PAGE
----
Piety curdles when trotted out only for special occasions; loyalty to American ideals such as equal justice under the law means nothing when it’s reserved just for those who share your party and political views.

Johnson’s actions, however, were hardly surprising, as he was a leader of the pack that worked to keep Trump in office after voters rejected him. A majority of Johnson’s constituents, the ones who voted for him, must be in agreement, which is pretty depressing.

Ironically, the crowd who shouts “USA, USA” the loudest seems to love America only some of the time.

Among the motley New York courtroom gang was an actual former gang member, Chuck Zito, an actor who once led New York’s Hells Angels chapter, and former New York Police Commissioner Bernard Kerik, who pled guilty to federal charges and was later issued a presidential pardon by Trump.

Rep. Matt Gaetz of Florida truly distinguished himself by echoing Trump’s call to action to Proud Boys everywhere. “Standing back and standing by, Mr. President,” Gaetz wrote in a social media post that showed him in lockstep with other congressional Republicans behind the president outside the courtroom.

Some of those Proud Boys are now serving time for their role in the Jan. 6 riot at the Capitol. Yet Gaetz stands proudly with the presumptive GOP presidential candidate who calls insurrectionists “hostages” and promises to pardon them if he is reelected.

So how is he — are they — better than that Jan. 6 mob? Well, they do get to dress up and pull down a check from the government they rail against.

Leave it to Alabama Sen. Tommy Tuberville to plainly say what everyone knows; the mini-Trumps are there to circumvent Judge Juan Merchan’s gag order, to denounce and attack in their master’s voice. Tuberville also complained that the courtroom was too depressing for a man such as Trump and insulted the jurors, calling them “supposedly American citizens.”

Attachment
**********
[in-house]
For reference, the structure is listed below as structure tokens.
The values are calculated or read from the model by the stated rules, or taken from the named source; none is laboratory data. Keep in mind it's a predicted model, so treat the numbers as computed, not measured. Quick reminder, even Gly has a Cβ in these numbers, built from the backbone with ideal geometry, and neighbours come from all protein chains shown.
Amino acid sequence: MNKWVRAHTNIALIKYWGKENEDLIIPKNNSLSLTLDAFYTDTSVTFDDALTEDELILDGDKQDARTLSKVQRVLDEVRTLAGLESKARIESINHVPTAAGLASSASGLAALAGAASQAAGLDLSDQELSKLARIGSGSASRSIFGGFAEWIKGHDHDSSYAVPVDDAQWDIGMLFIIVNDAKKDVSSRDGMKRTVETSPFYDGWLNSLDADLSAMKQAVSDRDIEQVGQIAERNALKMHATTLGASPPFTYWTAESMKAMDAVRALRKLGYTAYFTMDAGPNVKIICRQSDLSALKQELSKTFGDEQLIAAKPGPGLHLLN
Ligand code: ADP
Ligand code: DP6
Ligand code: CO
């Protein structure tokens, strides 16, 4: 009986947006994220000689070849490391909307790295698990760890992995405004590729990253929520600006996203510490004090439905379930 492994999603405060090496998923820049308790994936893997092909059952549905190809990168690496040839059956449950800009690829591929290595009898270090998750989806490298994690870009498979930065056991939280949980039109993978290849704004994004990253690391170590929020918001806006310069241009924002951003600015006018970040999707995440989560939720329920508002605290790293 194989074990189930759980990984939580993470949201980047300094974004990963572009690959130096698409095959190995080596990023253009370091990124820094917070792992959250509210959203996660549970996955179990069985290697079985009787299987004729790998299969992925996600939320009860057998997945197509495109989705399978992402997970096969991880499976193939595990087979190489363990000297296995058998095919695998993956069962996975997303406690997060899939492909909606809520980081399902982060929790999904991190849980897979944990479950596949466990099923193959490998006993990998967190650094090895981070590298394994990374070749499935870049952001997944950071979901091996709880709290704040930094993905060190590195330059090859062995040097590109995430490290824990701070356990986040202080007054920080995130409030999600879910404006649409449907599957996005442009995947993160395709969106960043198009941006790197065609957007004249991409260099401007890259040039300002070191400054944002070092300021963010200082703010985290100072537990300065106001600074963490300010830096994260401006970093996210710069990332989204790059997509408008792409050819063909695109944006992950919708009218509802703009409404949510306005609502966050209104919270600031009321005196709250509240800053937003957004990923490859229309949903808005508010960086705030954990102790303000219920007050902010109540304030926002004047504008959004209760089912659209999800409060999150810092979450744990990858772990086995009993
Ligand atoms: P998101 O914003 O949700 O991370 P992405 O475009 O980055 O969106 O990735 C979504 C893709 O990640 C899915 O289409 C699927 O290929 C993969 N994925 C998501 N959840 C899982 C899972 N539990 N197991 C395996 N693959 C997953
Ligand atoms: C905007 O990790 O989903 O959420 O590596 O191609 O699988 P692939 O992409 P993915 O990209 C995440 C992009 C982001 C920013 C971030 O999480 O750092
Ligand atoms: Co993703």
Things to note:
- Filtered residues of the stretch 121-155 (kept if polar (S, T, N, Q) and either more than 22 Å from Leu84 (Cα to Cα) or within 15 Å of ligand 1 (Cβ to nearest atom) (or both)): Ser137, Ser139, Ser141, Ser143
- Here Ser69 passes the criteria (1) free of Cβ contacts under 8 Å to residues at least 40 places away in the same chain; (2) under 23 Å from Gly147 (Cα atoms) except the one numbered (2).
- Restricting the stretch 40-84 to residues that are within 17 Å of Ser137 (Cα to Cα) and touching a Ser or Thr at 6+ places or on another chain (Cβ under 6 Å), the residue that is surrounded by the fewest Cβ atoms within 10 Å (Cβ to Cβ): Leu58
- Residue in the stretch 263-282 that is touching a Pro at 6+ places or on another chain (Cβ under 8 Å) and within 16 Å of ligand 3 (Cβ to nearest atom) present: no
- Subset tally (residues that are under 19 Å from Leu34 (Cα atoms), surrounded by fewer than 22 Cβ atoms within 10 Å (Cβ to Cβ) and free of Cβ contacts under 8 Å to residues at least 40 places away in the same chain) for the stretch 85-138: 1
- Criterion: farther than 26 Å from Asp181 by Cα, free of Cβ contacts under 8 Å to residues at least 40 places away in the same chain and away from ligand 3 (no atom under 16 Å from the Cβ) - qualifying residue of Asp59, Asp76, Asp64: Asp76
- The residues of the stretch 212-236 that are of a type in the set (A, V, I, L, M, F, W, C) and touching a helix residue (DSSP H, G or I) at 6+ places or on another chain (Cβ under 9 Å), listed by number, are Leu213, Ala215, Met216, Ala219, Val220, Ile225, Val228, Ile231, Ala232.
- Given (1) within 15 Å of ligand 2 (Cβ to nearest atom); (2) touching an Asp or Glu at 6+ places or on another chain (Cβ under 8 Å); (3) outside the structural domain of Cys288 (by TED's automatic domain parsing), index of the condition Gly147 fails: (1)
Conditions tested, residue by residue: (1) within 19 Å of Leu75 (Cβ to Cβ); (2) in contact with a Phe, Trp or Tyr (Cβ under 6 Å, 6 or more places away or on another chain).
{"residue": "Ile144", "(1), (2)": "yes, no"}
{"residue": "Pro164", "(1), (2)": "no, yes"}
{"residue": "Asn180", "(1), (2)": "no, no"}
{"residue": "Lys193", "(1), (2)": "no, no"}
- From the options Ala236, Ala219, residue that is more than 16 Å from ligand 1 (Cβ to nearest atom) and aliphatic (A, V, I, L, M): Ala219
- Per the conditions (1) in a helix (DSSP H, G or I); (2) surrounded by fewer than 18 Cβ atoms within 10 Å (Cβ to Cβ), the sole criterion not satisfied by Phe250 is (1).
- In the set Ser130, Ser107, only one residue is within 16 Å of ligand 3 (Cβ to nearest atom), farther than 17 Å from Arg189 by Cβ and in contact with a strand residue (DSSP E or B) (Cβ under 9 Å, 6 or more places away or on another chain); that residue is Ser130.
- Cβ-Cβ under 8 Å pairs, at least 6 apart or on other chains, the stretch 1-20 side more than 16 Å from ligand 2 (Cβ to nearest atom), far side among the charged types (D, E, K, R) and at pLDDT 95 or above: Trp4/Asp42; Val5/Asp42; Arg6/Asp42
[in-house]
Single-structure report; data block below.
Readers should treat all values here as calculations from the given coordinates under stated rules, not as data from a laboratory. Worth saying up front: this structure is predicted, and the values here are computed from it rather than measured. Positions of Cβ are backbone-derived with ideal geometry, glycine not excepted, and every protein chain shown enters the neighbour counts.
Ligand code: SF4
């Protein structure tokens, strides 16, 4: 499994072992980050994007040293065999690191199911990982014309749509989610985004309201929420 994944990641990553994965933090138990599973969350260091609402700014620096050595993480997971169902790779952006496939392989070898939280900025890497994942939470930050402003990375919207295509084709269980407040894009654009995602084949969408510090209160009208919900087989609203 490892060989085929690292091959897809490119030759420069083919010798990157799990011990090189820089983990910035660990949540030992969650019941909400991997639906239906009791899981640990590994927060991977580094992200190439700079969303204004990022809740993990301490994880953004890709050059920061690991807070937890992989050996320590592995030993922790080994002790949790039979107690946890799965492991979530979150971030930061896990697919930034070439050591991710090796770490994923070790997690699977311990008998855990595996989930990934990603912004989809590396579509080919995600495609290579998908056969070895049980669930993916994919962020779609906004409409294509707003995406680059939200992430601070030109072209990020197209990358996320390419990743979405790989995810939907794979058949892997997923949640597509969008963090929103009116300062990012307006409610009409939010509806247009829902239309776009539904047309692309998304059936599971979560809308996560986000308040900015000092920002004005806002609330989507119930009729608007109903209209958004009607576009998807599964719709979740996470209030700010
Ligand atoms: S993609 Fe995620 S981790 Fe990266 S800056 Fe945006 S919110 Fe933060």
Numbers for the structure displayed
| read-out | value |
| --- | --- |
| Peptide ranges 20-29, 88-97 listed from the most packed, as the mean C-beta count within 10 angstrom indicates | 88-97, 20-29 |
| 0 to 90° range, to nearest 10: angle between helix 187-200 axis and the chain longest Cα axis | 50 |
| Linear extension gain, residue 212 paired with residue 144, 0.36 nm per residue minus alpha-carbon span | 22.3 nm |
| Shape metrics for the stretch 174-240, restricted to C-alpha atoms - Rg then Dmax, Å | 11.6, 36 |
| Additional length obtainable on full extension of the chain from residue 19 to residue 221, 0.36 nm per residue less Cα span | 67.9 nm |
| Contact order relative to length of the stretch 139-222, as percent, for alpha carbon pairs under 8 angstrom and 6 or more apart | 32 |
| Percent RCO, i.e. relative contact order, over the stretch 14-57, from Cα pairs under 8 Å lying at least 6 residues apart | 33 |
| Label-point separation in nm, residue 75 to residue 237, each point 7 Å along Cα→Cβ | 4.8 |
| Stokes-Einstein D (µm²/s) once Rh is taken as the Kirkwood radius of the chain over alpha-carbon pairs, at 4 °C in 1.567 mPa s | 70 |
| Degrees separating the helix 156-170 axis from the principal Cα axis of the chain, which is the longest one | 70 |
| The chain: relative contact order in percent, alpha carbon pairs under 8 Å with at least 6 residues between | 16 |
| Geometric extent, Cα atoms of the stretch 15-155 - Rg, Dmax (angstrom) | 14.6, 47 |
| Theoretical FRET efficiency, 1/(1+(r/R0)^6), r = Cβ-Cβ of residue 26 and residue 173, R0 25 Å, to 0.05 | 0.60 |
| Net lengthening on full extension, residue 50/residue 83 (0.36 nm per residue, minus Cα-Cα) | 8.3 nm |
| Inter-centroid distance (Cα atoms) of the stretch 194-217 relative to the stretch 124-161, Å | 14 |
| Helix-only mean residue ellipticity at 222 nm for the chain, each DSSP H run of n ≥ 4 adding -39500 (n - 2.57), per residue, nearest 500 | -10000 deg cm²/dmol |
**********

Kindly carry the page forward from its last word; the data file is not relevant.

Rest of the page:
Actually, they are Americans doing their civic duty, risking peace of mind and worse if their identities become known.

The danger is that too many of their fellow Americans will be distracted by the show, and too few will notice when respect for law and order gradually falls away, with the help of the country’s leaders, even the ones who may not show up at a New York microphone but nonetheless are part of a plan to make Americans doubt the country’s institutions.

Last weekend, Florida Sen. Marco Rubio became the latest Republican to hedge when asked if he would accept the November 2024 results. Not if it’s an “unfair election,” he said when pushed by Kristen Welker on NBC’s “Meet the Press.”

Rubio voted to certify President Joe Biden’s 2020 victory, but it looks like he has decided to fall in line.

Let me guess: If Trump and Republicans win, it’s OK — but if not, time for challenges, incendiary rhetoric and a repeat of Jan. 6, 2021?

Time to take Rubio and the red-tie brigade at their word.

Mary C. Curtis has worked at The New York Times, The Baltimore Sun, The Charlotte Observer, as national correspondent for Politics Daily, and is a senior facilitator with The OpEd Project. She is host of the CQ Roll Call “Equal Time with Mary C. Curtis” podcast. Follow her on X @mcurtisnc3.